|It's more about altruism than trying to win approval|
Lynn presented a list of 122 American service occupations – including architect, bus tour guide, shampooer – to just under 1200 participants recruited online. Their task was to rate each role on one of 13 different measures including the typical working conditions for the job, how difficult they thought the job was, how well-paid, or the crucial question of how likely they would be to tip someone doing this job for them.
Lynn had chosen these measures carefully, to test out different hypotheses about tipping and reward. For example, participants said they were more likely to give tips to the same service occupations that were perceived to be low-income, consistent with motives related to altruism and egalitarianism; after all, a bit of extra cash in my accountant’s pocket isn’t likely to lift them from want, nor to redress the scales of society.
It might also be that we tip in contexts where we might gain or lose approval from others – a social status motive. Here the results were less compelling: participants were not more willing to tip in roles where the act can be witnessed by others, which you would expect if tipping was about making yourself look good. However, tipping was more common when participants thought people in the role were usually much less happy than their customers, like the taxi drivers who take revellers to and from parties, or holidayers to airports. Lynn treats this as evidence for wanting to avoid disapproval but I wonder if the finding could be another instance of egalitarianism, using money to compensate for poorer working conditions.
Finally, participants liked to tip in situations where they felt they were in a better position than a manager to evaluate the work of an employee. It’s hard for me to know whether an X-ray technician has done a good job, but I probably have a better sense of the quality of my tour guide’s work today than his manager back at the office. This factor appears quite important, as it explains why jobs (like massage) that require more physical contact, and those that are highly customised, seem more tip-worthy.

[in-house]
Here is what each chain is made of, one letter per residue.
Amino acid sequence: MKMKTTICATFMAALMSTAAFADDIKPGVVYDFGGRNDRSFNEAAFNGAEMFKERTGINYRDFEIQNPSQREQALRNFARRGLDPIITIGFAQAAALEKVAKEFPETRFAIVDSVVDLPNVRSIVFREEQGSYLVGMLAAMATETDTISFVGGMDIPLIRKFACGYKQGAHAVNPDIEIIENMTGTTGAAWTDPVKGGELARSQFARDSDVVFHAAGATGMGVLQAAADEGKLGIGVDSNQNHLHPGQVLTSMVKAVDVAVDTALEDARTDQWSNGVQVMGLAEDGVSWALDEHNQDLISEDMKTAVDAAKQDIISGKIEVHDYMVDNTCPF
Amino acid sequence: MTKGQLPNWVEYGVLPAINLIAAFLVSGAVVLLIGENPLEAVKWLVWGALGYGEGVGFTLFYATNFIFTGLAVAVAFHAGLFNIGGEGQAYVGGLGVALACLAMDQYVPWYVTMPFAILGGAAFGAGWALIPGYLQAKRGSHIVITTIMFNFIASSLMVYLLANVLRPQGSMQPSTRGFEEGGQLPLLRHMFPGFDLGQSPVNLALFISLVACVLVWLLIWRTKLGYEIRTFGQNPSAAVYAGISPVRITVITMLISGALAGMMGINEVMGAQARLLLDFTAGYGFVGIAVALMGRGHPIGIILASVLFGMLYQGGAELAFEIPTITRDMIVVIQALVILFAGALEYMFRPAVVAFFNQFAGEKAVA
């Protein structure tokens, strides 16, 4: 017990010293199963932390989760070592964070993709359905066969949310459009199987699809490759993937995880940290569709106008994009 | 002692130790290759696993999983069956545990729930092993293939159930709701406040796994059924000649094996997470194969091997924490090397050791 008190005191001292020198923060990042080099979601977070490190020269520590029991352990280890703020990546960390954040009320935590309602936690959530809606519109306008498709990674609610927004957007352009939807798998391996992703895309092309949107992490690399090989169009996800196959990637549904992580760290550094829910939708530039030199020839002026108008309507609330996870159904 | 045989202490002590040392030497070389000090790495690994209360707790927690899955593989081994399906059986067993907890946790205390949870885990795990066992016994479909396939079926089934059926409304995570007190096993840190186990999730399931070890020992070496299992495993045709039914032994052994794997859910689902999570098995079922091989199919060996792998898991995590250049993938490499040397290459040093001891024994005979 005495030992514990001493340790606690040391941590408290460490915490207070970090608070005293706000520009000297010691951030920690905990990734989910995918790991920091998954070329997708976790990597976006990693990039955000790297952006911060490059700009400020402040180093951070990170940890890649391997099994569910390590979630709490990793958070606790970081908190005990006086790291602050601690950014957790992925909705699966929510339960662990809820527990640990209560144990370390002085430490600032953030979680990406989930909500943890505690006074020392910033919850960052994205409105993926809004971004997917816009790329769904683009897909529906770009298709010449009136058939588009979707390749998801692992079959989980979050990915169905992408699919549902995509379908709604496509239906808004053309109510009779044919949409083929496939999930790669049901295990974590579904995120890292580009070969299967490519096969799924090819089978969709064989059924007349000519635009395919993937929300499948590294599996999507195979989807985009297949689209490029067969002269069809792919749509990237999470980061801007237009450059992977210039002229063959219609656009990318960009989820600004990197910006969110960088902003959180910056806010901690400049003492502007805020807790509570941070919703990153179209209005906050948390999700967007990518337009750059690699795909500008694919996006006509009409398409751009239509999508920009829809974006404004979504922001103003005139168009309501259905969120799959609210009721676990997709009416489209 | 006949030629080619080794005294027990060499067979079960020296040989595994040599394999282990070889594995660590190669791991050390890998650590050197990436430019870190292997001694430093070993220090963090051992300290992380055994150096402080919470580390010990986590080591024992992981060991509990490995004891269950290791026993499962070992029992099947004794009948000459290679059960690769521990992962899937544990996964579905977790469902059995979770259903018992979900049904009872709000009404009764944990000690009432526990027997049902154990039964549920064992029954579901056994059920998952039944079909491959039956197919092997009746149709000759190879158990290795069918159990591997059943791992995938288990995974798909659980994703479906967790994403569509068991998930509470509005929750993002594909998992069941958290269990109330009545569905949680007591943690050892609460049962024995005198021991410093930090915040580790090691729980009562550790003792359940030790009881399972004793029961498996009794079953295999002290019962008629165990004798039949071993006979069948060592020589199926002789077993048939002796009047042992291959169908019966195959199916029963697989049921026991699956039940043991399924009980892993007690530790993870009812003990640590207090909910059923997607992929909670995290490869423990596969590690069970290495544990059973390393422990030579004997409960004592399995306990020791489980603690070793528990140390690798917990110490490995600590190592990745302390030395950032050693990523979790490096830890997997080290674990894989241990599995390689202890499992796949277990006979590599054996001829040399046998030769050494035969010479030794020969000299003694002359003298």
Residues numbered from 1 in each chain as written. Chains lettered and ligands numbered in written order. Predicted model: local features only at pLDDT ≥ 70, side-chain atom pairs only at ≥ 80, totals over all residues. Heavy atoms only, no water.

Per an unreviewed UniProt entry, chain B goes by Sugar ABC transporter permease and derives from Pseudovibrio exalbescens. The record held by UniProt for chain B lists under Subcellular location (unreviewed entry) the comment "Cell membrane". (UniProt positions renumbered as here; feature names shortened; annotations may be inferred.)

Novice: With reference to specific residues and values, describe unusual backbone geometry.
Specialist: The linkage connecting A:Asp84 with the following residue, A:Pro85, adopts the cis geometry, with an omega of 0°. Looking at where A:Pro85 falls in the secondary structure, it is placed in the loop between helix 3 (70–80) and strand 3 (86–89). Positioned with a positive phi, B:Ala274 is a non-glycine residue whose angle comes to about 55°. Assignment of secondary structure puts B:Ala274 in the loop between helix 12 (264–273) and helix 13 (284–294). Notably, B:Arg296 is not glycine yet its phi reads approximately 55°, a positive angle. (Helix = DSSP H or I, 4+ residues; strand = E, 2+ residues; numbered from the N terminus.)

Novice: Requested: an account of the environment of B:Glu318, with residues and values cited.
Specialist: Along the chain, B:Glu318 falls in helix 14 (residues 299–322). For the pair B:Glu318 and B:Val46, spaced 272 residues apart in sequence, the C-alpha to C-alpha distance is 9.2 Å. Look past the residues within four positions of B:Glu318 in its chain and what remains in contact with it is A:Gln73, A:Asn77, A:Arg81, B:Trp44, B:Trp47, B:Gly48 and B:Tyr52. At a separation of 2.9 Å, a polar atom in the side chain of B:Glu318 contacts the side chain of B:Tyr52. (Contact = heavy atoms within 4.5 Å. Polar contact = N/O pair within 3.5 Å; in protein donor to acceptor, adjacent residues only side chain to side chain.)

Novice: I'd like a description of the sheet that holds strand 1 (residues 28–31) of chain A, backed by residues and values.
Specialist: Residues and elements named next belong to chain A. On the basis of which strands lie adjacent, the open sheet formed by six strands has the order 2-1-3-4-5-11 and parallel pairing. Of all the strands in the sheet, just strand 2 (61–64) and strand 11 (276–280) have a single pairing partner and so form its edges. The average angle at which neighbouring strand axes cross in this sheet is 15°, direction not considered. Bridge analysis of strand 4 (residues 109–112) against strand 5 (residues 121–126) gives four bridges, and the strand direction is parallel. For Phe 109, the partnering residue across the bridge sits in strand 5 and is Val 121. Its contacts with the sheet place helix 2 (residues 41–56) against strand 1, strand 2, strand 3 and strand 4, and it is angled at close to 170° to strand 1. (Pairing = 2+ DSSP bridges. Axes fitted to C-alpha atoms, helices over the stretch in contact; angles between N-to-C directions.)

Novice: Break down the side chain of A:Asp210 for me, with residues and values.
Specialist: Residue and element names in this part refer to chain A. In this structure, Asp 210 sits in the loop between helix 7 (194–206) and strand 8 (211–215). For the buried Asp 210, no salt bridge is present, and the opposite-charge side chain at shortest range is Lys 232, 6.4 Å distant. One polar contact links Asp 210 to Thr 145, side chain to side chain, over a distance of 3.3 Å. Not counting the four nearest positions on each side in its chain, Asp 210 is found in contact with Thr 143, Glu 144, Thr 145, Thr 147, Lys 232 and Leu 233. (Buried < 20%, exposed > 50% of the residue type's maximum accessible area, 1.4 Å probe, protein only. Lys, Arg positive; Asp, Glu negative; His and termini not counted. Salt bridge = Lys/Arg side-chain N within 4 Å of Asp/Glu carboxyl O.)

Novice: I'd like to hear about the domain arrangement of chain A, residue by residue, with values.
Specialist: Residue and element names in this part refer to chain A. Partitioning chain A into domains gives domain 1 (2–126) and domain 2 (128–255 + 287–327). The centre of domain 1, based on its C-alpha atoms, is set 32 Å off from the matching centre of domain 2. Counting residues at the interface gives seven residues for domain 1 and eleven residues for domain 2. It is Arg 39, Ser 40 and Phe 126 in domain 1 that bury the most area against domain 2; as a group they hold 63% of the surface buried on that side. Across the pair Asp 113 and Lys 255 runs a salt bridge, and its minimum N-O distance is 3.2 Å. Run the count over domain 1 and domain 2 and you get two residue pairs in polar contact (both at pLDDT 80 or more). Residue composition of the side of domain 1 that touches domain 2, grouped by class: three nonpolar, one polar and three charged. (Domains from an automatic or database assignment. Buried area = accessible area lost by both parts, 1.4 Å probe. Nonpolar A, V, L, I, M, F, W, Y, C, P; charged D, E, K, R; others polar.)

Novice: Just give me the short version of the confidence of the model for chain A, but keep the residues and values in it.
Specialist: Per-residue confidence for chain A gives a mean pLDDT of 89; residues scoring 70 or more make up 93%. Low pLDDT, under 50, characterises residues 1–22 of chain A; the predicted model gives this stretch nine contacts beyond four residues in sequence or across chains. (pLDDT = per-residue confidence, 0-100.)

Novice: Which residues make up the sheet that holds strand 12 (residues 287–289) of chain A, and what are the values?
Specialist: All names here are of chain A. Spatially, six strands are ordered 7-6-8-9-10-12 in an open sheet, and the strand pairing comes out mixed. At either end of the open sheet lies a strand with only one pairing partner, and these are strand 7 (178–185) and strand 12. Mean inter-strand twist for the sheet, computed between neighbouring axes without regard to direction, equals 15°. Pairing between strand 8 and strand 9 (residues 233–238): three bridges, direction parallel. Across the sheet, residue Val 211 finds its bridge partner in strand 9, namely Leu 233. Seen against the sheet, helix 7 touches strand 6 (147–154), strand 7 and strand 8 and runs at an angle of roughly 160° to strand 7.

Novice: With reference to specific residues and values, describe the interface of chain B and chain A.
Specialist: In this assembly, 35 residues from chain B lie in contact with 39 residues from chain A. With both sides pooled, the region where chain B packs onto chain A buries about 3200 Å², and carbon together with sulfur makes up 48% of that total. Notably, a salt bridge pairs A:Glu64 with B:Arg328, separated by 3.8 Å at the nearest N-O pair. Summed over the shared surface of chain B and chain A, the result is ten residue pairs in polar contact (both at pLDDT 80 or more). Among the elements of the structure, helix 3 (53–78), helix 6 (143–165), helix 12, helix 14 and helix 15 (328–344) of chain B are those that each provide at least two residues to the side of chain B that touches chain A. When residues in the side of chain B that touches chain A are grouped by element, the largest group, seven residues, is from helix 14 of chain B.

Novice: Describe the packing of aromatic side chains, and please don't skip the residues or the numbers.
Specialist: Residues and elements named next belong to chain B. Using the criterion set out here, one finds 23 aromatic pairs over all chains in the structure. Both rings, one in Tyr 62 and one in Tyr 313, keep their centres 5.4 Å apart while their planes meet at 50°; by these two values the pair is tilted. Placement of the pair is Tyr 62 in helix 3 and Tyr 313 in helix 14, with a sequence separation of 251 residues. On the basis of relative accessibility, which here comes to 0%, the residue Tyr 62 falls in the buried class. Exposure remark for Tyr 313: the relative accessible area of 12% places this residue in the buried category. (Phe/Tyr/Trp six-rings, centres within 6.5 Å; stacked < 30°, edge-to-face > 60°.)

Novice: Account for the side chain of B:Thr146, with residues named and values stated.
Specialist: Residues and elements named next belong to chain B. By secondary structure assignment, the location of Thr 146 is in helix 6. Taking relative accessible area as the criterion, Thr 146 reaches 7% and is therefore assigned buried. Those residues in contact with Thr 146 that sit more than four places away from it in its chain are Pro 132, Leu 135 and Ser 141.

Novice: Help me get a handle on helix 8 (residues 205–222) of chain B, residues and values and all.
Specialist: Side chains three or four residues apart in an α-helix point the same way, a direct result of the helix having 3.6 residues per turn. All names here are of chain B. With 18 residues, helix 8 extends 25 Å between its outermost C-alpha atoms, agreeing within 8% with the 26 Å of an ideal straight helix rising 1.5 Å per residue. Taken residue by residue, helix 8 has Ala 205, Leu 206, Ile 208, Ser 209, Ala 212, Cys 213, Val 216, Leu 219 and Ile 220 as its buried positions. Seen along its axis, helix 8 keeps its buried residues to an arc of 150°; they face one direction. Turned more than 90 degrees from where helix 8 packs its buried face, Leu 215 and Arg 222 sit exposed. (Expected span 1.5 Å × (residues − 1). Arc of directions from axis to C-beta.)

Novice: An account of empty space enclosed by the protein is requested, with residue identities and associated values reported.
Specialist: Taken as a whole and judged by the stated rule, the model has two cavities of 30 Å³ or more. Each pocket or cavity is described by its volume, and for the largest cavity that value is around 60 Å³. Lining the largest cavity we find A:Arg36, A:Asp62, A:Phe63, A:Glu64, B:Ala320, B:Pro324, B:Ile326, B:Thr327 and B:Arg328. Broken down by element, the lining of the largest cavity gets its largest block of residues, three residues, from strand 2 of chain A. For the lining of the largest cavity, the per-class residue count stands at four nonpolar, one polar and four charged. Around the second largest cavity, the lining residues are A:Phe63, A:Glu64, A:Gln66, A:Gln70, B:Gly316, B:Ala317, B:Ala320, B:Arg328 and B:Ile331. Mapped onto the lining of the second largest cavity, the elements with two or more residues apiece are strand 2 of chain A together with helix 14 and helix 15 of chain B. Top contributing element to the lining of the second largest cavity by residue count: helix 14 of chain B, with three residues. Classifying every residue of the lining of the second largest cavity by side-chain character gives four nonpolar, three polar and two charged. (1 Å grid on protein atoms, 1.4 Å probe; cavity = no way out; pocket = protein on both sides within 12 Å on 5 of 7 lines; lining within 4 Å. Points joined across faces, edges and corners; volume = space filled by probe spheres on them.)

Some of the predicted motives didn’t pan out, notably one that any classical economist might expect: that tips are used as an incentive for improved future service. If this was the case, Lynn predicted, we’d prefer to tip roles that involve repeat service, and also those involving extended contact with the customer, giving the service provider more opportunities to maximise their performance for the hope of reward. But participants preferred to tip those kind of roles less, not more. Possibly this is confounded by an unmeasured variable – maybe more contact humanises the service provider, and so the encounter becomes more personal and less transactional – but in any case, it’s a surprising result.
Sophisticated businesses may want to go against the tipping status quo: introducing tips to make the job more attractive to prospective employees and to motivate those in the job, or conversely to remove them, to standardise service and avoid tax complications. But this new research suggests such counter-normative policies may meet with resistance from customers. For example, Uber decided to discourage tipping by not allowing it through the app system. The work of these ride providers is easily evaluated and customisable, low income, and likely less fun than the experience of those enjoying the ride. The response from customers? Petitioning Uber to let them tip.
Lynn, M. (2016). Why are we more likely to tip some service occupations than others? Theory, evidence, and implications Journal of Economic Psychology, 54, 134-150 DOI: 10.1016/j.joep.2016.04.001
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Post written by Alex Fradera (@alexfradera) for the BPS Research Digest.
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